Sucralose, Splenda, your health, and the environment

Are we asking the right questions? Photo: Laura Sesana

WASHINGTON, November 26, 2013 — Millions of people around the world use sucralose, either in the form of the popular sweetener Splenda or the thousands of products that are made with it. Because most sucralose is not metabolized by the human body and cannot be removed by wastewater treatment, it is accumulating in surface waters. While studies have generally shown sucralose is harmless to humans and aquatic life, are we asking the right questions?

Sucralose is an artificial sweetener, made by chemically altering the structure of sugar molecules through selective chlorination. Discovered in 1976 by scientists at Tate & Lyle, a British-based multinational agribusiness, sucralose was first approved in Canada in 1991 and in the U.S. in 1998.

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Because the body does not metabolize 85 percent of sucralose ingested, most of it ends up in sewage treatment systems. Sucralose is resistant to water treatments for the same reason that it is not easily broken down by the body, resulting in sucralose being released into surface waters.

Today, sucralose is ubiquitous, used in everything form soft drinks to ice cream to cookies and cakes. Because sucralose resists high temperatures without breaking down, it is used in many commercial and home baked goods. 

New questions regarding sucralose and health

In June, 2013, the Center for Science in the Public Interest (CSPI) downgraded sucralose from “safe” to “caution” in its list of food additives and their safety. Tate & Lyle, maker of Splenda, criticized this move, claiming the decision was based on unpublished and discredited research.

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CSPI’s decision was allegedly prompted by a controversial Italian study, pending peer-review, finding that sucralose causes leukemia in mice.

In a review study published this month in the “Journal of Toxicology and Environmental Health,” the authors claim that sucralose alters the composition of intestinal bacteria in lab rats, causing a reduction in beneficial bacteria. The study cites a 2008 study by the Department of Pharmacology at Duke University to support this claim.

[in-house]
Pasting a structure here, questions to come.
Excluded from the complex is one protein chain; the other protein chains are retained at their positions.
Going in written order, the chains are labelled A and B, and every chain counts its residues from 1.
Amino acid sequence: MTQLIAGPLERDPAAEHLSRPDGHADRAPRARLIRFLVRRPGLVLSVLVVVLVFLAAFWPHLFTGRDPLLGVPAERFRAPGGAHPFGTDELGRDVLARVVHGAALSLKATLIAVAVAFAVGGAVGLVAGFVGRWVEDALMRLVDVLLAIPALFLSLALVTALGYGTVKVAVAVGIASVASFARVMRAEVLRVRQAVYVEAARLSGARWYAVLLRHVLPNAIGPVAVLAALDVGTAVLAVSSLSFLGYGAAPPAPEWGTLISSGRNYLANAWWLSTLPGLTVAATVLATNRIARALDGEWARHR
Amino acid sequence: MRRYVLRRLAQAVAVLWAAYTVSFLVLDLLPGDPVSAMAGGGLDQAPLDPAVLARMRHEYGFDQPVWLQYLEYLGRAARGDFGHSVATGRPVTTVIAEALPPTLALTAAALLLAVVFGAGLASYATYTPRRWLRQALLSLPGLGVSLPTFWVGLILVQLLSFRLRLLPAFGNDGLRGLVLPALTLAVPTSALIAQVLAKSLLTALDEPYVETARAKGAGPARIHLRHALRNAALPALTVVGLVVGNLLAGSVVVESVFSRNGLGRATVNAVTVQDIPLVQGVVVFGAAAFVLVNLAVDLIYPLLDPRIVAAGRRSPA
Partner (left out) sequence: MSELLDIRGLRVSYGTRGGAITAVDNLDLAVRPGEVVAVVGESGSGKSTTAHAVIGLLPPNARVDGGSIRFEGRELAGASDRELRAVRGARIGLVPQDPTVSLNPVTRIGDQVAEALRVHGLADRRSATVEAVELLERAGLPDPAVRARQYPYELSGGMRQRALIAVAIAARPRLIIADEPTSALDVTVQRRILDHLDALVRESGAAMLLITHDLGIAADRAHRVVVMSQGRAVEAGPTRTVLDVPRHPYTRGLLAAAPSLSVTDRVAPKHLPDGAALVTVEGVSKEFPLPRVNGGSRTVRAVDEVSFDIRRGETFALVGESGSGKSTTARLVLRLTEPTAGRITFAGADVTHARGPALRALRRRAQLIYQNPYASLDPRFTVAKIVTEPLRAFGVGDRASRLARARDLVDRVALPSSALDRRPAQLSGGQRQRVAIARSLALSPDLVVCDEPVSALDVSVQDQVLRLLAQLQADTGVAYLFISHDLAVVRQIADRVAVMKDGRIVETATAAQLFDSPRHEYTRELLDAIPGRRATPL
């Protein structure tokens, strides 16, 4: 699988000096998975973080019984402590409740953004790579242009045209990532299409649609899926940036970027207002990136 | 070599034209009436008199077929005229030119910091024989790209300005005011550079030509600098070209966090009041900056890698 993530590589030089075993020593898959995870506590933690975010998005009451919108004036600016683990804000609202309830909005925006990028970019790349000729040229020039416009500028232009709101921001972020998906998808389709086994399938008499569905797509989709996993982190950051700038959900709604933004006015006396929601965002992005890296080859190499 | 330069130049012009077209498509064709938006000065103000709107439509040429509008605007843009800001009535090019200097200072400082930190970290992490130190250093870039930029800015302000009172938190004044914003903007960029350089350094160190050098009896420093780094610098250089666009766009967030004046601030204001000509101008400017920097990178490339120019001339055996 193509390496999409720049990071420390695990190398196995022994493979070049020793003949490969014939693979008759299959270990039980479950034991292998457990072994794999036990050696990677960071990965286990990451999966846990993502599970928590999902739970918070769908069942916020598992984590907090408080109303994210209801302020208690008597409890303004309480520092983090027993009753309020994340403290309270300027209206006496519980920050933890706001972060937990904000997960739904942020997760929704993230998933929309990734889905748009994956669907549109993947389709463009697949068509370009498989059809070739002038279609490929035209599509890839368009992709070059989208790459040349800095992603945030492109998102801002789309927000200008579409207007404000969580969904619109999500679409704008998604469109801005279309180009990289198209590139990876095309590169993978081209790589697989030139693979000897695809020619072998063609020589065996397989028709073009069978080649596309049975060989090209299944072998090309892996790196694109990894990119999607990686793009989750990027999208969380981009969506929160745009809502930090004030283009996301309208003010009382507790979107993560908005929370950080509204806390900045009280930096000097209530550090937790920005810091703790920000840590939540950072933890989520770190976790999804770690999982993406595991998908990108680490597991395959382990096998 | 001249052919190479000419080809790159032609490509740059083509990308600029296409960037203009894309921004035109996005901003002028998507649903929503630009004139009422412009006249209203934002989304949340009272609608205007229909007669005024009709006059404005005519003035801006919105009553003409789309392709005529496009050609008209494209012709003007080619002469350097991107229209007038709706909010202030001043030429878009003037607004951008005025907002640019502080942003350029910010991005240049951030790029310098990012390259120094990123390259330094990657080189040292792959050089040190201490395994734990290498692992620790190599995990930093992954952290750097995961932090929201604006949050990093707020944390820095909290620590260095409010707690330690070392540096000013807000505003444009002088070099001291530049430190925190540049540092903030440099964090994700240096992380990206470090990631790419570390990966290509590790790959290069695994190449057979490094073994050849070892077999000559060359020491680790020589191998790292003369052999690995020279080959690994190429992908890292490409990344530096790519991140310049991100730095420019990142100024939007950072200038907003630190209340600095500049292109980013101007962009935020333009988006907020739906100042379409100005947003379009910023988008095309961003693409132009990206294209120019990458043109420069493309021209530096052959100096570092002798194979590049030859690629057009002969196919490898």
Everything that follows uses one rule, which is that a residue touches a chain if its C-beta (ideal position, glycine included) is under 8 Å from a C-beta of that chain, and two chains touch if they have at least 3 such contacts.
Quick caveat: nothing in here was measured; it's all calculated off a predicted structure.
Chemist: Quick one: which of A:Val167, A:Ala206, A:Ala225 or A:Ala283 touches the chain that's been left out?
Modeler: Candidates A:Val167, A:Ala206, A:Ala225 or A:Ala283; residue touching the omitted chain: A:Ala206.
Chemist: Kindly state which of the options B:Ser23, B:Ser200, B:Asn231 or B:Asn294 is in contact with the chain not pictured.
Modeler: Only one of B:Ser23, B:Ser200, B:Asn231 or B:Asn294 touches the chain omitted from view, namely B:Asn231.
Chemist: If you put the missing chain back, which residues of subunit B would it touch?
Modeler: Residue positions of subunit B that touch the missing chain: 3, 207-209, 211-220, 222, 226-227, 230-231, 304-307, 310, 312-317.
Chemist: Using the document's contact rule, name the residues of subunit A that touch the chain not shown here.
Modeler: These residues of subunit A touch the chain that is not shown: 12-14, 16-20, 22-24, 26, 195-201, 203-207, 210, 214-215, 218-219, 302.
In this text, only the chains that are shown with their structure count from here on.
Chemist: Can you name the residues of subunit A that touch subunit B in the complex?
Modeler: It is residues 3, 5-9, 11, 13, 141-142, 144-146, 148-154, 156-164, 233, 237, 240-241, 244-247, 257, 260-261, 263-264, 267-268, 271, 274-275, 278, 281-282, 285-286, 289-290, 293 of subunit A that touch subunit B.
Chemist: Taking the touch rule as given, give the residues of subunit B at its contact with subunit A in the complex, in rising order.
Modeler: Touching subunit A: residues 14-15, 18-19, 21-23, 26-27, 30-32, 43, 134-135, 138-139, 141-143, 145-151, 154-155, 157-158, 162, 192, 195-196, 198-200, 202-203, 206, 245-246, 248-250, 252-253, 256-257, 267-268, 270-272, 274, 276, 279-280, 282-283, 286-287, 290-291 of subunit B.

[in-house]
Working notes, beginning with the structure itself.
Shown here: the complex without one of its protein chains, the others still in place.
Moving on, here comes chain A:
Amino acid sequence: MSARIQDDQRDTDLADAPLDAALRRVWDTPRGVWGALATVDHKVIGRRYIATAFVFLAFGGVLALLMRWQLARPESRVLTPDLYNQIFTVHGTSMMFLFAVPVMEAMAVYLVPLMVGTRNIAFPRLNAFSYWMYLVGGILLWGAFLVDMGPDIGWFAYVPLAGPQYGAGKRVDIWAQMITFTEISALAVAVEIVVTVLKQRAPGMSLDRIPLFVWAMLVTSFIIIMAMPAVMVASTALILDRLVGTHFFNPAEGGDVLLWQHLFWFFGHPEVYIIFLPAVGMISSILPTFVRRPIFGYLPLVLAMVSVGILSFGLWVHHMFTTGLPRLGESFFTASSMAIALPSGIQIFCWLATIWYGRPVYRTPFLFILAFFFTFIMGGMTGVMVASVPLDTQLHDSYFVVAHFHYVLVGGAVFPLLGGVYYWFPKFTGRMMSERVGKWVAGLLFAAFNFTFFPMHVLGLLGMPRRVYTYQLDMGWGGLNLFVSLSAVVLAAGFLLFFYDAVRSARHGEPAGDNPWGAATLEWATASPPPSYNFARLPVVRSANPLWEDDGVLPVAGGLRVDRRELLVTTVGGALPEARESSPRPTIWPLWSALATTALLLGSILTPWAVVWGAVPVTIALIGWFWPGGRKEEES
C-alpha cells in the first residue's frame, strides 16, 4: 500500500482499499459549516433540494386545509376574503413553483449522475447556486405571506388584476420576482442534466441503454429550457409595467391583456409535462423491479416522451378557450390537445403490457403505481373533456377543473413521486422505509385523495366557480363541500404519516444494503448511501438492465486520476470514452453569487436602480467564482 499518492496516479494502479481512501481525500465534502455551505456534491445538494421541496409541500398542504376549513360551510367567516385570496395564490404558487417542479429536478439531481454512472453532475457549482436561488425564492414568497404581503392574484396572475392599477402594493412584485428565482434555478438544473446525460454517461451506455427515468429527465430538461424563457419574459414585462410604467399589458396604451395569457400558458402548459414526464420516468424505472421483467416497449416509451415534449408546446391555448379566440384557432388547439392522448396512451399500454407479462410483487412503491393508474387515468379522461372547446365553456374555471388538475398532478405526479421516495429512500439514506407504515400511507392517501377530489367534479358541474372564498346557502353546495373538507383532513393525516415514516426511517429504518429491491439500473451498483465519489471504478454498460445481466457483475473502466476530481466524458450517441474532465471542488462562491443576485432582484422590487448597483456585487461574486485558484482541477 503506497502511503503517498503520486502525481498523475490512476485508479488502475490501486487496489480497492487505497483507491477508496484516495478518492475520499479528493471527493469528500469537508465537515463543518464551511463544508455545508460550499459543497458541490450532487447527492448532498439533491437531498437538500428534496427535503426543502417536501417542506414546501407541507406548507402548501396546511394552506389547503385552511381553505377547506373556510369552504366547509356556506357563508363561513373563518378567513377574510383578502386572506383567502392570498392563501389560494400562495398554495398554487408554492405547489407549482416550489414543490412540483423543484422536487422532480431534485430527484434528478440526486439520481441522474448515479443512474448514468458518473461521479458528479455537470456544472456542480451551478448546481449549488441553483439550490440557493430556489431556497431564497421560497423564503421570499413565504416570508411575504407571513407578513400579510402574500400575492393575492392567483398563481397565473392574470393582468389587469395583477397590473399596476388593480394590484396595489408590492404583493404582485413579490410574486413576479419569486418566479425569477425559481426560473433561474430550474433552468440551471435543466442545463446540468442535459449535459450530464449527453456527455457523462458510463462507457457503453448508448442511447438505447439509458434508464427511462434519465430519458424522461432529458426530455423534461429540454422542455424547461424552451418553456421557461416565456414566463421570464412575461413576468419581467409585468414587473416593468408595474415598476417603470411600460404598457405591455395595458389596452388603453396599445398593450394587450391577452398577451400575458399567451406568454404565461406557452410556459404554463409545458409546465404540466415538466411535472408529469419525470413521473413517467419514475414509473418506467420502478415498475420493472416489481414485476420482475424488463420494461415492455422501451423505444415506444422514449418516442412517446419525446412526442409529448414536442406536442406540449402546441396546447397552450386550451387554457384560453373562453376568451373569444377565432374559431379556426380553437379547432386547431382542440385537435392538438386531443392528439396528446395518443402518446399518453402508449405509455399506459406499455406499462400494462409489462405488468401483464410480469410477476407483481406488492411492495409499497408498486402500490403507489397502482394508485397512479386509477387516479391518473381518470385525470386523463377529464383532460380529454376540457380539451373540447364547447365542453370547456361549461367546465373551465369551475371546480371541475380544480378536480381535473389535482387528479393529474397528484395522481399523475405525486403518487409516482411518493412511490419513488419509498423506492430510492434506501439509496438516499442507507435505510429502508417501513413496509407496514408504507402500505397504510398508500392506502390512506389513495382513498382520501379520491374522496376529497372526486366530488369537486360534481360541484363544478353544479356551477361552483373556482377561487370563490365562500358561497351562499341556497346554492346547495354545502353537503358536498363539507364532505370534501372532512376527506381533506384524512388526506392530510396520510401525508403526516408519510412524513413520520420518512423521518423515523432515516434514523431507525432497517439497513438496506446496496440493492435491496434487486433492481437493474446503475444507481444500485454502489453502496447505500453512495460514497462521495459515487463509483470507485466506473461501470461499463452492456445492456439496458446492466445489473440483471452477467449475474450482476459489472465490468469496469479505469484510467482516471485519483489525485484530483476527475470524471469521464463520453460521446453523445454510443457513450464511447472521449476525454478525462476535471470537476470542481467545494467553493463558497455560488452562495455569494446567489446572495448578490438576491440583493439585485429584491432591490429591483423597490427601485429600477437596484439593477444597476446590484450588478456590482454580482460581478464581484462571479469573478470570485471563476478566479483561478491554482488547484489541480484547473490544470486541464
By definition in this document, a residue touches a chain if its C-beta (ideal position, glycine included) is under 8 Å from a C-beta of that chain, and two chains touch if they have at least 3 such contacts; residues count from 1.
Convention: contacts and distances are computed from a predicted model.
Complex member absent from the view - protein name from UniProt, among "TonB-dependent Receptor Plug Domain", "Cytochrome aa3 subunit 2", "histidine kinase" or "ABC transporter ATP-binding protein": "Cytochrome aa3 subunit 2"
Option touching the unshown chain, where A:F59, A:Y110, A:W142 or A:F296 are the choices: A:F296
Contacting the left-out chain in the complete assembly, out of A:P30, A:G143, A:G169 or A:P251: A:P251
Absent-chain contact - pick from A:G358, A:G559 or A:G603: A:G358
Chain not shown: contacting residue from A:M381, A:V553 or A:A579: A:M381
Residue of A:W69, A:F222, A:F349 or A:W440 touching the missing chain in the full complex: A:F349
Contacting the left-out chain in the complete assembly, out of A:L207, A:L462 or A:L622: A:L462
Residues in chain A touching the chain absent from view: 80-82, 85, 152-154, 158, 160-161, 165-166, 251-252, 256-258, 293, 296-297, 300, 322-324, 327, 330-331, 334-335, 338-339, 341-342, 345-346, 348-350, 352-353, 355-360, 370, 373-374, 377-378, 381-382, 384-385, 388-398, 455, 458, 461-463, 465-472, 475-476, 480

The authors, Susan S. Schiffman, PhD, and Kristina I. Rother, MD, MHSc, head of the Pediatric Diabetes & Metabolism section at the National Institutes of Health (NIH), maintain that while it was initially believed that sucralose passed through the body undigested, “subsequent analysis suggested that some of the ingested sweetener is metabolized in the GIT (gastrointestinal tract).”

The study asserts that in human and rodent studies sucralose was shown to alter levels of glucose, insulin and glucagon-like peptide 1 (GLP-1). The authors also warn that when sucralose is used for cooking at high temperatures it generates chloropropanols, a class of chemicals that may be linked to a higher risk of cancer.

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“The approval of sucralose by global health authorities was predicated on the presumed reliability of information provided to them by the manufacturers, who claimed, for example, that sucralose is not metabolized in the gut,” said Schiffman in an interview with FoodNavigator-USA. “This claim is not supported by Tate & Lyle’s own data that shows multiple peaks and hence multiple metabolites in fecal extracts.”

Splenda’s website states, “after it is ingested, most (about 85%) is not absorbed and passes through the body unchanged in the stool. Of the small amount that is absorbed, most leaves the body unchanged in the urine within 24 hours.”

“Most.” But not all?

Tate & Lyle disagree with Schiffman and Rother’s the findings, as well as the Italian study, stating that all are based on old and discredited data, according to FoodNavigator-USA.